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Life Performance Blog: Why Are Healthy Fats So Good For Us?

Healthy fats are:

  • naturally occurring (such as the fat in olives, nuts and seeds);

  • relatively minimally processed (either they’re whole foods, or they’ve been simply pressed or ground).

These are the kinds of fats that keep your hormones healthy, your brain happy and smart, your fatty tissues (such as your eyes and skin) well-lubed, and your body chemistry working smoothly.

When you eat healthy fats, you feel good, perform well, and recover easily.

Plus stuff tastes really good. (Avocado, nut butter, and coconut! And a little bit of dark chocolate... yessssss)

What makes other fats unhealthy?

Unhealthy fats tend to increase inflammation, risk of heart disease and cancer, and other undesirable things.

What makes these particular fats “unhealthy”?

Unlike healthy fats, you’ll notice that these unhealthy fats:

  • don’t naturally occur in the foods they’re found in; and

  • have to be created through an industrial process.

Trans fats

Trans fats are created in an industrial process that forces hydrogens into vegetable/seed oils, which makes them more solid. Food manufacturers mainly use the process to lengthen a product’s shelf life. Solid fat is more stable on the shelf.

Look for the terms partially hydrogenated or vegetable shortening.

These tell you that there are trans fats in the product, even if the product lists 0 grams of trans fats per serving.

Those sneaky devils are allowed to do so if the serving contains less than 0.5 g.

You can also look for mono and diglycerides on the label, which are other processed (less-healthy) forms of fat.

Many packaged and storable foods contain a lot of trans fats, including:

  • margarine or processed oils, such as cooking spray;

  • regular peanut butter;

  • fried or battered foods;

  • pie crust and other baked goods; and

  • frozen dinners and other processed foods.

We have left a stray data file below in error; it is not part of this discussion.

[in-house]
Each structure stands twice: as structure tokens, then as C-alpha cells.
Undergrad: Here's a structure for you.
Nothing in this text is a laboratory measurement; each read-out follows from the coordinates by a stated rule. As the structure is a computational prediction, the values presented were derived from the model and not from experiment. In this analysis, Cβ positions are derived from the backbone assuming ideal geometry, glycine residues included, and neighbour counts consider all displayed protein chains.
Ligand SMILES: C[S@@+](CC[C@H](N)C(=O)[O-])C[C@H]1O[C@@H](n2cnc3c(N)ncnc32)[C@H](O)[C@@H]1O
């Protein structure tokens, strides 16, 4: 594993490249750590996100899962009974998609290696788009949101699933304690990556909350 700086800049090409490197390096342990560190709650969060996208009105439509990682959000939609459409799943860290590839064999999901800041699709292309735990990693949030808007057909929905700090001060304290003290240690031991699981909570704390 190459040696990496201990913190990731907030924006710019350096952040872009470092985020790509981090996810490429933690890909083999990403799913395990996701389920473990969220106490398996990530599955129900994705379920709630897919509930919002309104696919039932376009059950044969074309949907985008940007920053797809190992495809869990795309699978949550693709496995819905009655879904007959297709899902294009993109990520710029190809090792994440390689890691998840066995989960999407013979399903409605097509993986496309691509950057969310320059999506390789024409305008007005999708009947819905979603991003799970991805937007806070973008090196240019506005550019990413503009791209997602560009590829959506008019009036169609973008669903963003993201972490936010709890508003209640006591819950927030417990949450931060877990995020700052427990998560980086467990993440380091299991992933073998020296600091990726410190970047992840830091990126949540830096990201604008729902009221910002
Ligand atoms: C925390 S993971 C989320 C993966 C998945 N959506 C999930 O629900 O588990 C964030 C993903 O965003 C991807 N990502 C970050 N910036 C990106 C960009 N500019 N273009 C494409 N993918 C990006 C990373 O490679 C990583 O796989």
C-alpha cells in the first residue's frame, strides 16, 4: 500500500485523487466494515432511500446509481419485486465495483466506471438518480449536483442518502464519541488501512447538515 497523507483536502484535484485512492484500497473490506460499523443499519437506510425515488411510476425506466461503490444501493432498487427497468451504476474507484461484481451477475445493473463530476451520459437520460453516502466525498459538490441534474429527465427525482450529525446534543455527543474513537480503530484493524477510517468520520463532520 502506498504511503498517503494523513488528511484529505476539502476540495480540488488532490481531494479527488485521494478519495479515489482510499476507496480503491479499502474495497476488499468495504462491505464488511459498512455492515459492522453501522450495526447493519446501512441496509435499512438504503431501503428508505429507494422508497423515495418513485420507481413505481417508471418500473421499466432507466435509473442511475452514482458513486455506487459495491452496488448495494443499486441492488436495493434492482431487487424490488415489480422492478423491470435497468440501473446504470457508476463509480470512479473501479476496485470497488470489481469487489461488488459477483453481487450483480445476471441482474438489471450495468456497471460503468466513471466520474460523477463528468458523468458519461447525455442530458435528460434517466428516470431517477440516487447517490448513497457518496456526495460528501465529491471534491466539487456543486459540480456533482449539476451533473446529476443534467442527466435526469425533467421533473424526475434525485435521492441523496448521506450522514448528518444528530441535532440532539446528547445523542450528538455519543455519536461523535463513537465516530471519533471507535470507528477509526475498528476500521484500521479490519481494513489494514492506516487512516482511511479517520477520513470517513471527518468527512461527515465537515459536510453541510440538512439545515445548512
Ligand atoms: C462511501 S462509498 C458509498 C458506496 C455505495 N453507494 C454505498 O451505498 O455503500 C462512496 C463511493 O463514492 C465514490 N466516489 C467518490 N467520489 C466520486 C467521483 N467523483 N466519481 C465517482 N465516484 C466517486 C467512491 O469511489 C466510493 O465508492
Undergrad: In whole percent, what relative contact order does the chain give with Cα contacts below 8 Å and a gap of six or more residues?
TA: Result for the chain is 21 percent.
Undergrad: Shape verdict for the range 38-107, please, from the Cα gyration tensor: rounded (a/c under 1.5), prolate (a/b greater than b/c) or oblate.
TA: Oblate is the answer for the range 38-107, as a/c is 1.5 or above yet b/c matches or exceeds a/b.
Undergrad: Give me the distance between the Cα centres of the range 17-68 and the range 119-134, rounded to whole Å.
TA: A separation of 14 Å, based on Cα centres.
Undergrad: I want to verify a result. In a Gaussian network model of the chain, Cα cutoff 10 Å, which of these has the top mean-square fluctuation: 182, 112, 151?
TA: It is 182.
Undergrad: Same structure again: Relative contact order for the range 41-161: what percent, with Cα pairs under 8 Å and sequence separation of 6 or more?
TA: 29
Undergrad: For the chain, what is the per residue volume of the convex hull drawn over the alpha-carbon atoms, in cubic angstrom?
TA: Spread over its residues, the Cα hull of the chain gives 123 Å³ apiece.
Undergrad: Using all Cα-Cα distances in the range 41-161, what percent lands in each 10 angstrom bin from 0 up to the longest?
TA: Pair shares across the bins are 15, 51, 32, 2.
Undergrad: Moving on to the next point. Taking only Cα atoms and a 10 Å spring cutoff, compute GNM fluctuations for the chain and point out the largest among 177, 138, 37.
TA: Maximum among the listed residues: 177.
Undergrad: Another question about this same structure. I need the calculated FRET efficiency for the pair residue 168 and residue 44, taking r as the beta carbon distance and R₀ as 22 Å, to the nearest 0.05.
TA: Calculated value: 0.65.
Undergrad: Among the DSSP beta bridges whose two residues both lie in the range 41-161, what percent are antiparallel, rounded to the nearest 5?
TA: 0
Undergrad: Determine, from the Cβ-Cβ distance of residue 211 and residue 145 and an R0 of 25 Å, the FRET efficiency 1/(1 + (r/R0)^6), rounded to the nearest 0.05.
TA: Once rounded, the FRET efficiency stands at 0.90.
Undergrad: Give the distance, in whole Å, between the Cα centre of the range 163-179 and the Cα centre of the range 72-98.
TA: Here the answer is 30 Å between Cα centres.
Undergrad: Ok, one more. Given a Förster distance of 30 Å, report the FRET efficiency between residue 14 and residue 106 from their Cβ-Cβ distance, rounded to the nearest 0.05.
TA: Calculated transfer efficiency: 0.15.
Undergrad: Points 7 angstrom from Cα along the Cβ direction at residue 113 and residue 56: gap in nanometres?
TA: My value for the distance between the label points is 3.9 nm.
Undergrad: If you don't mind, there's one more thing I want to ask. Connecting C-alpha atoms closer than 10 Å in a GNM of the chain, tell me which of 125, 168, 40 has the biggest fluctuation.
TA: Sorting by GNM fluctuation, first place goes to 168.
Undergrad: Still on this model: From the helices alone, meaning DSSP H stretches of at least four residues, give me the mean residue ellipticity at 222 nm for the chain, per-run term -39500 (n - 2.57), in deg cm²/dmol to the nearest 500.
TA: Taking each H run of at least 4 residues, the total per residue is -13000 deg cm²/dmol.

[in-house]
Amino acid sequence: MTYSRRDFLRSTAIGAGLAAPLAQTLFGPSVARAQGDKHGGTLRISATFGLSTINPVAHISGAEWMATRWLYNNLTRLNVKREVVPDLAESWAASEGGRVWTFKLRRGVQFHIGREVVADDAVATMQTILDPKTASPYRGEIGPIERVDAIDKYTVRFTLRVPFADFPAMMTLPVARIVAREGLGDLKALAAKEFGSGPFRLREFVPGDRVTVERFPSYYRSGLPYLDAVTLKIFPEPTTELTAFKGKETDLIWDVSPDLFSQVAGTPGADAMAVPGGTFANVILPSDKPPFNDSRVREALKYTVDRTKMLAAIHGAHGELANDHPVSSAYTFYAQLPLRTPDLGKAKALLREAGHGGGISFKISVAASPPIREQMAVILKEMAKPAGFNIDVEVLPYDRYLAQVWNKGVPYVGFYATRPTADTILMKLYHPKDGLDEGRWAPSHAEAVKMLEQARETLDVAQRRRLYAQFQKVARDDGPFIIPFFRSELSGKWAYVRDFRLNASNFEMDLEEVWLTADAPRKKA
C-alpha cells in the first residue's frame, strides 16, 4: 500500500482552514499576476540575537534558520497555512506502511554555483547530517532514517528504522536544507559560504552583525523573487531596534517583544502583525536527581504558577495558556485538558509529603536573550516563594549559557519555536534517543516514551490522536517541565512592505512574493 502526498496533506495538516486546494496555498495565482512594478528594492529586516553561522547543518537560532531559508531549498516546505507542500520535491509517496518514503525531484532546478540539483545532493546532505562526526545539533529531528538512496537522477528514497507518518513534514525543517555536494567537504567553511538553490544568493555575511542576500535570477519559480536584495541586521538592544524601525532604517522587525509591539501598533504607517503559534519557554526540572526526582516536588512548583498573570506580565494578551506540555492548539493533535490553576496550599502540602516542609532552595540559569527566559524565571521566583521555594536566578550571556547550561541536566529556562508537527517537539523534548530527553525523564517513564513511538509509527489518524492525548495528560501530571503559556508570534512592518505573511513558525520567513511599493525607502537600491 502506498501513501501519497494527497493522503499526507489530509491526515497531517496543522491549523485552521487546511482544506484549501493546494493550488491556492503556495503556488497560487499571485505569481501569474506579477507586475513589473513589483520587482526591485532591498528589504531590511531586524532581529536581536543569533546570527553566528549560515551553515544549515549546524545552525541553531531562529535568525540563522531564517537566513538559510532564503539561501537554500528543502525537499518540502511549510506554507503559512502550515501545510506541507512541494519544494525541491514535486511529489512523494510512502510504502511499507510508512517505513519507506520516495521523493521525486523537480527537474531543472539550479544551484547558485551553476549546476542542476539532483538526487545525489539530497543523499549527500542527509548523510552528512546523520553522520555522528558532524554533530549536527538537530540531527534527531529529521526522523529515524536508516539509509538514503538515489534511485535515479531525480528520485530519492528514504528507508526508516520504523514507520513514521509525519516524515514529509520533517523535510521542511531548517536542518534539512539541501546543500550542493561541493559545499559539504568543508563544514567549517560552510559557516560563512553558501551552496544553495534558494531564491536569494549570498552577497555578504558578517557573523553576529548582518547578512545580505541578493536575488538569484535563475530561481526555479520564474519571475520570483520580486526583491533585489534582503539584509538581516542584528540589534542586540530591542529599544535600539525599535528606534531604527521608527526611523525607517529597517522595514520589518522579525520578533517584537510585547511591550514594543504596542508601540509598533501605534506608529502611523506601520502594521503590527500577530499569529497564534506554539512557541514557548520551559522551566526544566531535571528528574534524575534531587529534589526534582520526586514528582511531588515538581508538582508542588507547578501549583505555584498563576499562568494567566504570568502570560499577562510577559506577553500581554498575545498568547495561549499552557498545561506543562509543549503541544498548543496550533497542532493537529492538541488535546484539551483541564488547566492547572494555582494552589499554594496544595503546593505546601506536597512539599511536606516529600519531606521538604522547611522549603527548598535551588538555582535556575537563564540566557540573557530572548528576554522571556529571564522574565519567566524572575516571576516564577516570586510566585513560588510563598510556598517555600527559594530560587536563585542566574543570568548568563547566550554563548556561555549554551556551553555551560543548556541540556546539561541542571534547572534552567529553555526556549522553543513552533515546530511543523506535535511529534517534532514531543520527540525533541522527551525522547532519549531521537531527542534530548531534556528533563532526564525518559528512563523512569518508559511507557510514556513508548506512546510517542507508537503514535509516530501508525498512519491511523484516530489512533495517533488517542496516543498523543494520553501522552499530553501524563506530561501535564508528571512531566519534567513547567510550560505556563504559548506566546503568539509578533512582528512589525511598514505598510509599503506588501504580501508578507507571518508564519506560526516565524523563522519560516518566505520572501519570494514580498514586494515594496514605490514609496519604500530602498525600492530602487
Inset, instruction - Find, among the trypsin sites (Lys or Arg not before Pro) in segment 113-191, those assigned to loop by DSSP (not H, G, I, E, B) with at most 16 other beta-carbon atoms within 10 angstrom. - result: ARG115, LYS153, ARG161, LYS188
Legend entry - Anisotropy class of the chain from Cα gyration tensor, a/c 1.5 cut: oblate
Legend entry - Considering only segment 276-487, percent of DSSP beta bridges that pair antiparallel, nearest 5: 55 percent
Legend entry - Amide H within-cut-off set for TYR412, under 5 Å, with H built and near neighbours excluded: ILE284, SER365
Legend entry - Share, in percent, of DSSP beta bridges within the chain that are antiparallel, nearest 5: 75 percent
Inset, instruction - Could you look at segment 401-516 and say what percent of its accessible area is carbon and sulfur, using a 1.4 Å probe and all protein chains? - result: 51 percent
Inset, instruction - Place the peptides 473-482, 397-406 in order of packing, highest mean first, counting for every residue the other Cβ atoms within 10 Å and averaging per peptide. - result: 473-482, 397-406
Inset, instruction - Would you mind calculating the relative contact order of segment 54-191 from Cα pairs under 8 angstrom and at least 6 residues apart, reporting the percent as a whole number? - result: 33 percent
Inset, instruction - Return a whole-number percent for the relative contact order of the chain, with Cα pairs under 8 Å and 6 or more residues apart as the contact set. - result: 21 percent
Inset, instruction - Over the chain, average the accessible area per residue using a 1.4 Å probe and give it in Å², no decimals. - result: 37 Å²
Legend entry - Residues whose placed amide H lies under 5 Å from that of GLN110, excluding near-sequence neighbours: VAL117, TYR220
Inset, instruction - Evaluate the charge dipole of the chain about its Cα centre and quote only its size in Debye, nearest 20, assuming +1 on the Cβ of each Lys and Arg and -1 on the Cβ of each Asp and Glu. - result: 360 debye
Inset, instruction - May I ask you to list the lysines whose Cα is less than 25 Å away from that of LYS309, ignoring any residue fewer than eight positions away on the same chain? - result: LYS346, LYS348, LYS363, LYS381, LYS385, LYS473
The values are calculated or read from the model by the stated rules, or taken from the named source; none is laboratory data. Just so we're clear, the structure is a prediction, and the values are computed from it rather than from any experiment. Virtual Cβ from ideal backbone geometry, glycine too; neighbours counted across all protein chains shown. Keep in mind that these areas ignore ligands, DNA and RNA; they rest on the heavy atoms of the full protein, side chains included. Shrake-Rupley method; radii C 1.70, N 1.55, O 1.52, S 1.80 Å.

Some foods, such as dairy and beef, contain naturally occurring trans fats. These naturally occurring trans fats don’t seem to be a problem, and some research suggests they may actually be good for us.

(Again, notice how when fats naturally occur in food, they are usually healthy.)

There is no amount of industrial trans-fat consumption that is recognized as safe.

Do your best to minimize your intake. (if it’s a work in progress, that’s okay.)

Industrial vegetable/seed oils

Then, there are other kinds of oils that we can only create with industrial processing.

These oils include:

  • corn;

  • cottonseed;

  • safflower;

  • soybean; and

  • sunflower.

These oils undergo a lot of processing to actually become edible: High heat and harsh chemicals (such as bleaches, solvents, and deodorizers) strip them of many nutrients.

Because of the heat and processing these oils undergo, they can have significant amounts of trans fats in them.

Many foods are made with these industrial

  • vegetable/seed oils, including:

  • commercial salad dressing;

  • commercial mayonnaise;

  • butter substitutes;

  • fried and battered foods; and

  • most processed foods.

Important: These are categorizations of “healthy” and “less healthy” foods.

There are no such thing as absolutely “good” and “bad” foods.

You don’t have to eliminate trans fats or vegetable/seed oils entirely.

Having some restaurant salad dressing or regular peanut butter on occasion won’t kill you. It’s making informed choices and what you do consistently that matters.

Level up: Balancing your fats

If you’re consistently getting some healthy fats at most meals, consider dialing-in the details: balance your fat intake between saturated, monounsaturated and polyunsaturated fats.

The healthiest mix is about a 1-1-1 balance. That mix will keep inflammation balanced, and all brain and body cells talking to each other nicely.

That level of detail could seem intimidating at first. Make it easy for yourself by building a roster of convenient go-to foods within each category.

Source: Precision Nutrition

Chris, myHealthCoach

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